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NEWS | June 13, 2022

Volunteer team assists Seward community following major landslide

By 1st Lt. Balinda O'Neal , Alaska National Guard Public Affairs

Members of the Alaska Organized Militia returned home June 9, 2022, after assisting the city of Seward following the May 7 Bear Mountain landslide that blocked the road and access to and from the community of Lowell Point.

Joint Task Force – Seward helped the city with traffic control during Lowell Point Road temporary openings and assisted with barrier duties during blasting and debris removal operations. The team also provided parking assistance at the Seward harbor for community members taking a water taxi – the only means of transportation during road closure periods – to and from the Lowell Point community.

“The public was very understanding with what we asked of them during closures and restrictions to Lowell Point road and harborside parking areas,” said Pfc. Jeremy Mulcahy-Hill, with the Alaska State Defense Force’s C Company out of Kodiak. “The city of Seward was great in communicating what they needed from our team.”

The AKOM team – two ASDF and one Alaska Naval Militia member – took direction from the unified command representatives of the city of Seward, Kenai Peninsula Borough, and the state of Alaska’s Department of Transportation and State Emergency Operations Center. 

“The Alaska Organized Militia did a great job and our community enjoyed their presence,” said Janette Bower, the city of Seward manager. “They have been very professional and level-headed.”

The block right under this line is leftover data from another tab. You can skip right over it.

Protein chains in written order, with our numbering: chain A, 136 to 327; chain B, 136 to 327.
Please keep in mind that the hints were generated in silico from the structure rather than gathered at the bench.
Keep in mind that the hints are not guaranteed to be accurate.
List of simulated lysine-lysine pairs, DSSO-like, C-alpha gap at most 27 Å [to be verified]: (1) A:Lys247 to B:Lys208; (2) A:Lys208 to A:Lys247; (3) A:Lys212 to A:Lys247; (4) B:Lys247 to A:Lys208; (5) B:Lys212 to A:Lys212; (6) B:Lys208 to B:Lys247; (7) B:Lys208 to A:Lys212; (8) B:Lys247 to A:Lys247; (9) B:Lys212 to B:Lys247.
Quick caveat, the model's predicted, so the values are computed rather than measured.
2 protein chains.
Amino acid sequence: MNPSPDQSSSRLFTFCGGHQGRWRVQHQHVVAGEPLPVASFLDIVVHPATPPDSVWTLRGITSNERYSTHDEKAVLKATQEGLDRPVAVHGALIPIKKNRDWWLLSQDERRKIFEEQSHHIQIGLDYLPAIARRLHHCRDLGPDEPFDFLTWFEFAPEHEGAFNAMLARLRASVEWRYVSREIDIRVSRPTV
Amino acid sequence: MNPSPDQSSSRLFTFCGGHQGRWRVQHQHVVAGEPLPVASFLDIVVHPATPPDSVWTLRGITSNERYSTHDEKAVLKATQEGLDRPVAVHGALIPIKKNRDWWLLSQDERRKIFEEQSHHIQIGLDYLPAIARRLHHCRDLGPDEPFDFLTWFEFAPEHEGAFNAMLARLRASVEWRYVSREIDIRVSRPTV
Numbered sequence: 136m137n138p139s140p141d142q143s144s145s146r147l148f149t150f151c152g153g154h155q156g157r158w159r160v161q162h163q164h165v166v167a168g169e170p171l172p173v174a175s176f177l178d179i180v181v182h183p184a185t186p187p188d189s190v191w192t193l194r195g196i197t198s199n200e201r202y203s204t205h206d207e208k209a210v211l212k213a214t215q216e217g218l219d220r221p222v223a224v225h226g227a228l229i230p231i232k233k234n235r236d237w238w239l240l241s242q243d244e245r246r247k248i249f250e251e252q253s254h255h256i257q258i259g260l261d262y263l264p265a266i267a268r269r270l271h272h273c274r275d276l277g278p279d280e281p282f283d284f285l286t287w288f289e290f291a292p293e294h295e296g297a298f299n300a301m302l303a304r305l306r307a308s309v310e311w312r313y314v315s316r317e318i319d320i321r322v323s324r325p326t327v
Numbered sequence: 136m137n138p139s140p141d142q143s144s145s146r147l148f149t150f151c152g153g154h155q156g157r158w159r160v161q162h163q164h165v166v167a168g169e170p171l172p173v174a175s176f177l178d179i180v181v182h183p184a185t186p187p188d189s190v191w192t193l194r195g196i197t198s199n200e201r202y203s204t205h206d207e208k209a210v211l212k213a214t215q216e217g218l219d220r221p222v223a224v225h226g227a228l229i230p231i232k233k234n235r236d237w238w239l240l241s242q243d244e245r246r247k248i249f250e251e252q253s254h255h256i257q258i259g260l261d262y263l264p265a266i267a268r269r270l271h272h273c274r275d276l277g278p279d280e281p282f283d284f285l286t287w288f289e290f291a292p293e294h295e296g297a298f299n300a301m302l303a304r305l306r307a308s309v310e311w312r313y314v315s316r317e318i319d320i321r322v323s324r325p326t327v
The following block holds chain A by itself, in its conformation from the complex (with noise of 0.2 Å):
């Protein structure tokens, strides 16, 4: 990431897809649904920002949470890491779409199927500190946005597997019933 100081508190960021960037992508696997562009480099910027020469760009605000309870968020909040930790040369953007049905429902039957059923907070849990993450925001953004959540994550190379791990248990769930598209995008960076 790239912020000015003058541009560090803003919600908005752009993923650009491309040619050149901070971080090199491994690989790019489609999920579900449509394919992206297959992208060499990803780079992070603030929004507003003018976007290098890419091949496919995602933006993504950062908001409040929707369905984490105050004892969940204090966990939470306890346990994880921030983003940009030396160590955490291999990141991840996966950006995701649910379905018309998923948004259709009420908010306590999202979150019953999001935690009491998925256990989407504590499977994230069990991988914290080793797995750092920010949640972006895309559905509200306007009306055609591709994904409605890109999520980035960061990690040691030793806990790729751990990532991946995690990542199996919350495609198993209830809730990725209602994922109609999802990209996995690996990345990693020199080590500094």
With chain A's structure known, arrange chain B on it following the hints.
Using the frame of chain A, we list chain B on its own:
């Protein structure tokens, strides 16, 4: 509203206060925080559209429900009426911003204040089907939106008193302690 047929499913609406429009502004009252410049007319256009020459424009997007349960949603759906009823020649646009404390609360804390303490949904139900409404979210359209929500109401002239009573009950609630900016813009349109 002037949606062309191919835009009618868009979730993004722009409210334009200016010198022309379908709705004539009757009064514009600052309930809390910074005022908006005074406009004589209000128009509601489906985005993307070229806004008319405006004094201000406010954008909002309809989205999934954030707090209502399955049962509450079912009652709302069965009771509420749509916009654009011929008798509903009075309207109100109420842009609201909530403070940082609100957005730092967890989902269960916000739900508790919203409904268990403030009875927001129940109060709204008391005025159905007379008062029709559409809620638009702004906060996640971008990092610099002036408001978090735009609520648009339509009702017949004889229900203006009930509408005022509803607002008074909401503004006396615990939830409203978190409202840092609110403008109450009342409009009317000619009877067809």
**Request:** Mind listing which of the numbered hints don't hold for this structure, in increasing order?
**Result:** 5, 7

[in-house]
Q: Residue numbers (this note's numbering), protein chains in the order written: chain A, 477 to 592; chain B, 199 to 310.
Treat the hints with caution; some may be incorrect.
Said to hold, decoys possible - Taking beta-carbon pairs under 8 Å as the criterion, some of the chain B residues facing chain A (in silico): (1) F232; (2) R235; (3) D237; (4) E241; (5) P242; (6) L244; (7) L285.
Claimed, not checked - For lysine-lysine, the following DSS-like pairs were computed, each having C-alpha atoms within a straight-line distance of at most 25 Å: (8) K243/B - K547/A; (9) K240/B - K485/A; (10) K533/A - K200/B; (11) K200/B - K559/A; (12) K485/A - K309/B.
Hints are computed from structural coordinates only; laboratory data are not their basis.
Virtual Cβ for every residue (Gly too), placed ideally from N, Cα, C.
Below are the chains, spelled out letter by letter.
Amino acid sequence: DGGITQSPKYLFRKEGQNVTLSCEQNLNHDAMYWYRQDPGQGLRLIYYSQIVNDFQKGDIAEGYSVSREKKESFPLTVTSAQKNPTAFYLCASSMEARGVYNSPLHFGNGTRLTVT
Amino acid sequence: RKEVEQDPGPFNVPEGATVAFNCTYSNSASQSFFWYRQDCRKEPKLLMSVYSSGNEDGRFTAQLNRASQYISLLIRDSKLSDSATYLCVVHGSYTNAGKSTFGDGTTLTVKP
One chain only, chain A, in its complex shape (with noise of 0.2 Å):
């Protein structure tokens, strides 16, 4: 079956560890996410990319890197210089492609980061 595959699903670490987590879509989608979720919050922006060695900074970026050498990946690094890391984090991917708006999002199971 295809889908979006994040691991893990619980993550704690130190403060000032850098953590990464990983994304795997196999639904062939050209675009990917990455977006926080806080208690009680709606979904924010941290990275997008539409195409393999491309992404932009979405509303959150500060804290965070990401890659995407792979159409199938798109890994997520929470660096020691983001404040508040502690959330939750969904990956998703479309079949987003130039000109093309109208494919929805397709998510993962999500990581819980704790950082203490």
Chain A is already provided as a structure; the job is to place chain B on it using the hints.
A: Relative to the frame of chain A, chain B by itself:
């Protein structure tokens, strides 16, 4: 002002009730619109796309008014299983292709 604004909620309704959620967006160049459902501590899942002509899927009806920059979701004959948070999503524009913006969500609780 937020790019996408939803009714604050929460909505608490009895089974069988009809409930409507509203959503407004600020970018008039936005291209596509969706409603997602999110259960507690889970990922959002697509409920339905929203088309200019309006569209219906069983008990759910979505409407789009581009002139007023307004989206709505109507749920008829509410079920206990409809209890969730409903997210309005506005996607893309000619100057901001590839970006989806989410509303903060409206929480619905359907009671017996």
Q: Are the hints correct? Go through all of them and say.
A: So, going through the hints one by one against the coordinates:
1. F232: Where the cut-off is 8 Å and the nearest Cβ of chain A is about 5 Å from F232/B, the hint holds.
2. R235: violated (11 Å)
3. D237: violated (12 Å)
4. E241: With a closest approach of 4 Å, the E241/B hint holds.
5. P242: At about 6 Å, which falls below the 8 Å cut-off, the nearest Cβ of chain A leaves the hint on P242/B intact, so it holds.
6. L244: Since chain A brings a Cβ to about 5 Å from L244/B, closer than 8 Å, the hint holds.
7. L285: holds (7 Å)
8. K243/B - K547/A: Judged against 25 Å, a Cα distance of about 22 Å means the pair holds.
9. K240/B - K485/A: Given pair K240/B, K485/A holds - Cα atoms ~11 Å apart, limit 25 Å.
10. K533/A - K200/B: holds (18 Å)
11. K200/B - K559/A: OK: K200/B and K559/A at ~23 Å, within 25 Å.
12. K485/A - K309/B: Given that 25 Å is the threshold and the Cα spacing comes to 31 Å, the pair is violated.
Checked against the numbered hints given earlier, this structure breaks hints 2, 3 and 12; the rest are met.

Bower explained that this was important after a June 2 tsunami evacuation was erroneously activated in the community.

“They were prepared to jump in and assist with the activation,” said Bower. “Thankfully, it was a false alarm but they were ready.”

The JTF was surprised by the alarm but activated quickly to evacuate individuals who were still on the waterfront.

“It was a good example of the multifaceted abilities that our team had to offer,” said Mulcahy-Hill complimenting his team’s constant flexibility. “They have been responsive to change with smiles on their faces.”

The Division of Homeland Security and Emergency Management, which falls under the Alaska Department of Military and Veterans Affairs, manages the SEOC.  During a domestic emergency or natural disaster, local authorities may request assistance via the SEOC. Through this process the SEOC can request the Alaska Organized Militia for support.

“With team members hailing from Kodiak, Kenai and Wasilla, the Joint Task Force exemplified the idea of Alaskans helping Alaskans,” said Mulcahy-Hill, who has had the opportunity to work alongside AKOM volunteers from companies in Kodiak, Anchorage, and now Seward. “In each one of those instances there is a constant theme – serving the people of the state of Alaska.”

Lowell Point is a small community just outside of Seward approximately 120 miles from Anchorage. The Alaska National Guard also provided a public information officer for seven days to assist the unified command following the governor’s disaster declaration.

“It does not matter what part of the state you are from or what skillset you may have,” said Mulcahy-Hill, a full-time hazardous materials foreman and information technology manager for NWFF Environmental out of Kodiak. “Everyone in the organization has a desire to give back to their communities and the state as a whole.”